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Reviewed by:
  • Gurus of Modern Yoga ed. by Mark Singleton and Ellen Goldberg
  • Miriam Y. Perkins (bio)
Gurus of Modern Yoga. Edited by Mark Singleton and Ellen Goldberg. New York, NY: Oxford University Press, 2014. 416 pp. $29.95.

Books on yoga span a dizzying array of genres: history, self-help, spirituality, philosophy, religion, teacher pedagogy, and devotional. It is fair to say, admitting the sound resourcefulness of many books, that almost anything goes. Gurus of Modern Yoga, however, is firmly located within the primarily Western modern academic field of religious studies. The volume’s authors are well credentialed scholars drawn to the complexities of yoga’s history, and in some cases also practitioners and/or teachers. The research methods lean toward ethnography and critical biography. In places, though not frequently enough, there are welcome hints of the authors’ personal as well as academic connections and investments in the various branches of yoga and their beliefs, practices, and gurus.

The array of available books on yoga mirrors the billowing interest in yoga within the United States since the 1960s. As part of marketplace dynamics, yoga students, teachers and studios navigate a plethora of yoga styles and branding: Hatha, Vinyasa, Bikram, Ashtanga, Kundalini, Phoenix Rising, Kripalu, Tantra, Bhakti, to name only a few. As a yoga practitioner and credentialed instructor, I find the diversity of yoga styles and lineages confusing even to the reasonably well-informed. One of the more practical uses of Gurus of Modern Yoga is as a compendium of multiple and influential yoga philosophies and their spiritual founders. The book provides sound and balanced entry into this complexity and [End Page 143] provides helpful orientation to the dynamics of popular spiritual seeking through yoga related practices. Regardless of one’s personal interest in yoga, its legacies are proliferating and intersecting with practices of wellness, prayer, spiritual community, and spiritual direction. It’s helpful to wade into these connections with Gurus of Modern Yoga as a resource.

Gurus of Modern Yoga surveys approximately eighteen transnational leaders working across cultures and spanning primarily the twentieth and twenty-first centuries in concise essays that navigate complex sources judiciously. It includes figures relatively well-known within the West, such as Swami (teacher) Vivekananda, T. Krishnamacharya and his extremely influential students B. K. S. Iyengar and Sri (revered) K. Pattabhi Jois. Other chapters introduce international figures equally influential but not as well known outside India such as Sri Aurobindo, Shri Yogendra, Swami (master) K.rpālvānanda, Muktananda, Pramukh Swami Maharaj, Sathya Sai Baba, Sadhguru Jaggi Vasudev, Amma (mother) Mata Amritananandamayi, Eknath Ranade, and Swami Ramdev.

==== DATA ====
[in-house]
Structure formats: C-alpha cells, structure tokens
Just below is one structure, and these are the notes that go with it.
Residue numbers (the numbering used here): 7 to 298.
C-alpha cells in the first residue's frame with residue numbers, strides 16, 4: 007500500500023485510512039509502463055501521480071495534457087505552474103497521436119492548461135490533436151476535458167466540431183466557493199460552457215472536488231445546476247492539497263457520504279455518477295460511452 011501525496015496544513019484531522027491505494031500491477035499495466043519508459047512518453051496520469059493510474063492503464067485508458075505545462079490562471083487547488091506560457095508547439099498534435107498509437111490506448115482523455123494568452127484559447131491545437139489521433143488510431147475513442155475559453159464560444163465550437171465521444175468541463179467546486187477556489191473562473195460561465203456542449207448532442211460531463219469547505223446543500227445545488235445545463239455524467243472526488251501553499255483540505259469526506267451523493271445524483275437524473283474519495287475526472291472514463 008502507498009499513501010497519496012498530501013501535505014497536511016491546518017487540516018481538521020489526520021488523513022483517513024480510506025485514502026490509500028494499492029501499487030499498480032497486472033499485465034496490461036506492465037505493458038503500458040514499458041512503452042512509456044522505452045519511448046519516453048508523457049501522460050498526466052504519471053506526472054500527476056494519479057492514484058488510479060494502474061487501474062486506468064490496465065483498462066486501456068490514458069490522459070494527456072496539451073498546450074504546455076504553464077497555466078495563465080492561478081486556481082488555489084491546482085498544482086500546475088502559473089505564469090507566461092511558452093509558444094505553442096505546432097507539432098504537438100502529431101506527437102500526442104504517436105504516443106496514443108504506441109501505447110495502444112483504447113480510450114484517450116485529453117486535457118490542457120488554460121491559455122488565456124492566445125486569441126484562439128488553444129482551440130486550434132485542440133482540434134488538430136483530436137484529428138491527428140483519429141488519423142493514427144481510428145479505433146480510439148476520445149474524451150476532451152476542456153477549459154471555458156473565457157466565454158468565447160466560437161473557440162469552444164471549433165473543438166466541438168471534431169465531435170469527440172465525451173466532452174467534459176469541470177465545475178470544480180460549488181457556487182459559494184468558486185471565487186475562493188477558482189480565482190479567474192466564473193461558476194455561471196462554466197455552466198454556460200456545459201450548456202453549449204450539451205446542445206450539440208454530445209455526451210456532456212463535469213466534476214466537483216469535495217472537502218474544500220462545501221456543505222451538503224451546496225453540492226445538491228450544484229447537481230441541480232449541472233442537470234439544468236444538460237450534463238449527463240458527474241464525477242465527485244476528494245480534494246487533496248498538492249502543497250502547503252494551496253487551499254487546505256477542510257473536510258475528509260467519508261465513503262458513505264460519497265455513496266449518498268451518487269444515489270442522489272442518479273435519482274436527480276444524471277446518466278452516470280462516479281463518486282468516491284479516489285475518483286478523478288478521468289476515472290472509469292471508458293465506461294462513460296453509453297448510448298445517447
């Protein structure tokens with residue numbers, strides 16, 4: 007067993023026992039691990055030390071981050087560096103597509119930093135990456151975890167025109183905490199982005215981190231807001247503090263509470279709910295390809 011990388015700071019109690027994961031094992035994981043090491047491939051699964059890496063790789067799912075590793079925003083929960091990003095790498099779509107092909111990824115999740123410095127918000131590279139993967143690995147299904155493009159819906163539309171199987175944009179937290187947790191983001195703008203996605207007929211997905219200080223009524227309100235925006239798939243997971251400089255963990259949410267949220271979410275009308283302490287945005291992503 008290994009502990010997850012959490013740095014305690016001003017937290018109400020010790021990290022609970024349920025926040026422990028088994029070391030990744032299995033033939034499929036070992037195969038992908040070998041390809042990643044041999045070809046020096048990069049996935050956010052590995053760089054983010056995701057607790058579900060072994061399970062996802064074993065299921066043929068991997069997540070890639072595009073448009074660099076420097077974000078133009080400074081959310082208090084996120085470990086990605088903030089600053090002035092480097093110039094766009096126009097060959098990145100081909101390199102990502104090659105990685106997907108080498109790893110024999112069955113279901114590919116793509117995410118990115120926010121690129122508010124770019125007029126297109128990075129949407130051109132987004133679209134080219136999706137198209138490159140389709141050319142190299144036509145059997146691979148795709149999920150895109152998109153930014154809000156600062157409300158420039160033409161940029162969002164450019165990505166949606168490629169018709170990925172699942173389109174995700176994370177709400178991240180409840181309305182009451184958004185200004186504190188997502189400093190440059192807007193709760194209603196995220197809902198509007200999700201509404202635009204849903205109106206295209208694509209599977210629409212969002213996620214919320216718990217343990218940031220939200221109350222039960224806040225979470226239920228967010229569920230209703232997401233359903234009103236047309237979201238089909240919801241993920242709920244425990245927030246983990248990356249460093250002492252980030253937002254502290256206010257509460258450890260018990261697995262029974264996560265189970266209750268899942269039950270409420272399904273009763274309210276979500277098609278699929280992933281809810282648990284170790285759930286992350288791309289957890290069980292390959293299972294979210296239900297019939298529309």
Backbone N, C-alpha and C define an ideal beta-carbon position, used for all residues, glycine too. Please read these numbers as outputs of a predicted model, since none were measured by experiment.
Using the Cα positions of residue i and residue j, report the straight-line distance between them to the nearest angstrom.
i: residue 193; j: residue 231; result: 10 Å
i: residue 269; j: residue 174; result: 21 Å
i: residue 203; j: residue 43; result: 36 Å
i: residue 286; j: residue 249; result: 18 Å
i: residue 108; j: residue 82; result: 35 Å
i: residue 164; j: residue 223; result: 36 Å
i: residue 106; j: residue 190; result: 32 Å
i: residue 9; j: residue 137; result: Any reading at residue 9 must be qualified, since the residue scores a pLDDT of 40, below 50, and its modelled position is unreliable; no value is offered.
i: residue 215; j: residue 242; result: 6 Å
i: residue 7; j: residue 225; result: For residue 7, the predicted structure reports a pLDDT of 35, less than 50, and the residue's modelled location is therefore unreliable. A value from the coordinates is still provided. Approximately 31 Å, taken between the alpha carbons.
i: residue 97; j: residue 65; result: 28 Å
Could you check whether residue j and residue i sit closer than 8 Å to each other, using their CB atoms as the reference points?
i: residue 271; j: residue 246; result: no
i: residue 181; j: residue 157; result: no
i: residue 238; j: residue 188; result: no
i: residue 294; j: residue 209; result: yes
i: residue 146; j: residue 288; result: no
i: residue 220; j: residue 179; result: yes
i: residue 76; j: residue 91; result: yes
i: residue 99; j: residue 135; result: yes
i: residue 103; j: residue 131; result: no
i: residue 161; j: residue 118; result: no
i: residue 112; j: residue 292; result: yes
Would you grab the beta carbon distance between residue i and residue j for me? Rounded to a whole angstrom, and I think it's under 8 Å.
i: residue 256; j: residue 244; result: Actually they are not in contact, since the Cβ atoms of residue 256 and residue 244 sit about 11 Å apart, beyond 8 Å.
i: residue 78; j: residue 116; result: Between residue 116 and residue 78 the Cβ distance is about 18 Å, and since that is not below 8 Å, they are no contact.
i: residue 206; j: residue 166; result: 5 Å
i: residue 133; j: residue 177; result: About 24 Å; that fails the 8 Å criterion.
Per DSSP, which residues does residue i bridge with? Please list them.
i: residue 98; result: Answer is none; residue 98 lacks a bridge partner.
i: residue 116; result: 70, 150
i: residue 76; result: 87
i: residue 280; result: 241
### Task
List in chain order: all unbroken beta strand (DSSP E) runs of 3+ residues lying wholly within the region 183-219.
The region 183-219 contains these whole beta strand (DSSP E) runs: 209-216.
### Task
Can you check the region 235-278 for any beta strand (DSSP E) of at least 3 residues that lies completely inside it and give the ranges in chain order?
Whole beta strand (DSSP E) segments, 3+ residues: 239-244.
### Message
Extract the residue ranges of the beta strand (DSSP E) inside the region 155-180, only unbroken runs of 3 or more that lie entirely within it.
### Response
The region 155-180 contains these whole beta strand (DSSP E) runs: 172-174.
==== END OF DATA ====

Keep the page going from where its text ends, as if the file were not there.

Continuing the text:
One of the important contributions of the book is its inclusion of lesser known women gurus active during the early twentieth century when yoga was practiced and taught primarily by upper caste Indian men. These intriguing women include Mirra Alfassa (known as Divine Mother, 1878–1973), who was a Parisian with Turkish, Egyptian, and Sephardic Jewish ancestry who moved to India in the 1920s to partner with Sri Aurobindo in the development of Integral Yoga and direct the Sri Aurobindo Ashram in Pondicherry. Contributor Suzanne Newcombe introduces readers to Yogini Sunita (1932–1970), the daughter of Brahmin caste Indian Catholics whose birth name was Bernadette Bocarro. Yogini Sunita left the life of a Franciscan nun, emigrated to the United Kingdom in the 1950s, and became an eccentric, well-respected, and, at the time, widely known yoga teacher, advocate, and spiritual healer. She was killed in a traffic accident in her late thirties. And finally, perhaps better known but no less intriguing, is Amma (Mata Amritananandamayi, 1953 –). Amma has dedicated her life to mass gatherings of healing in which she encircles devotees in what many describe as a life-changing embrace. Her ministry of embrace is paired with a robust promotion of “bhakti,” or devotional service, expressed as care for the poor and populations effected by natural disasters.

Gurus of Modern Yoga follows a loose chronological order beginning with the early influence of Swami Vivekananda (1863–1902) and ending with twenty-first century contemporary figures. The book draws upon and extends respected historical treatments of modern yoga from authors Joseph Alter, Elizabeth De Michelis, Ellen Goldberg and Mark...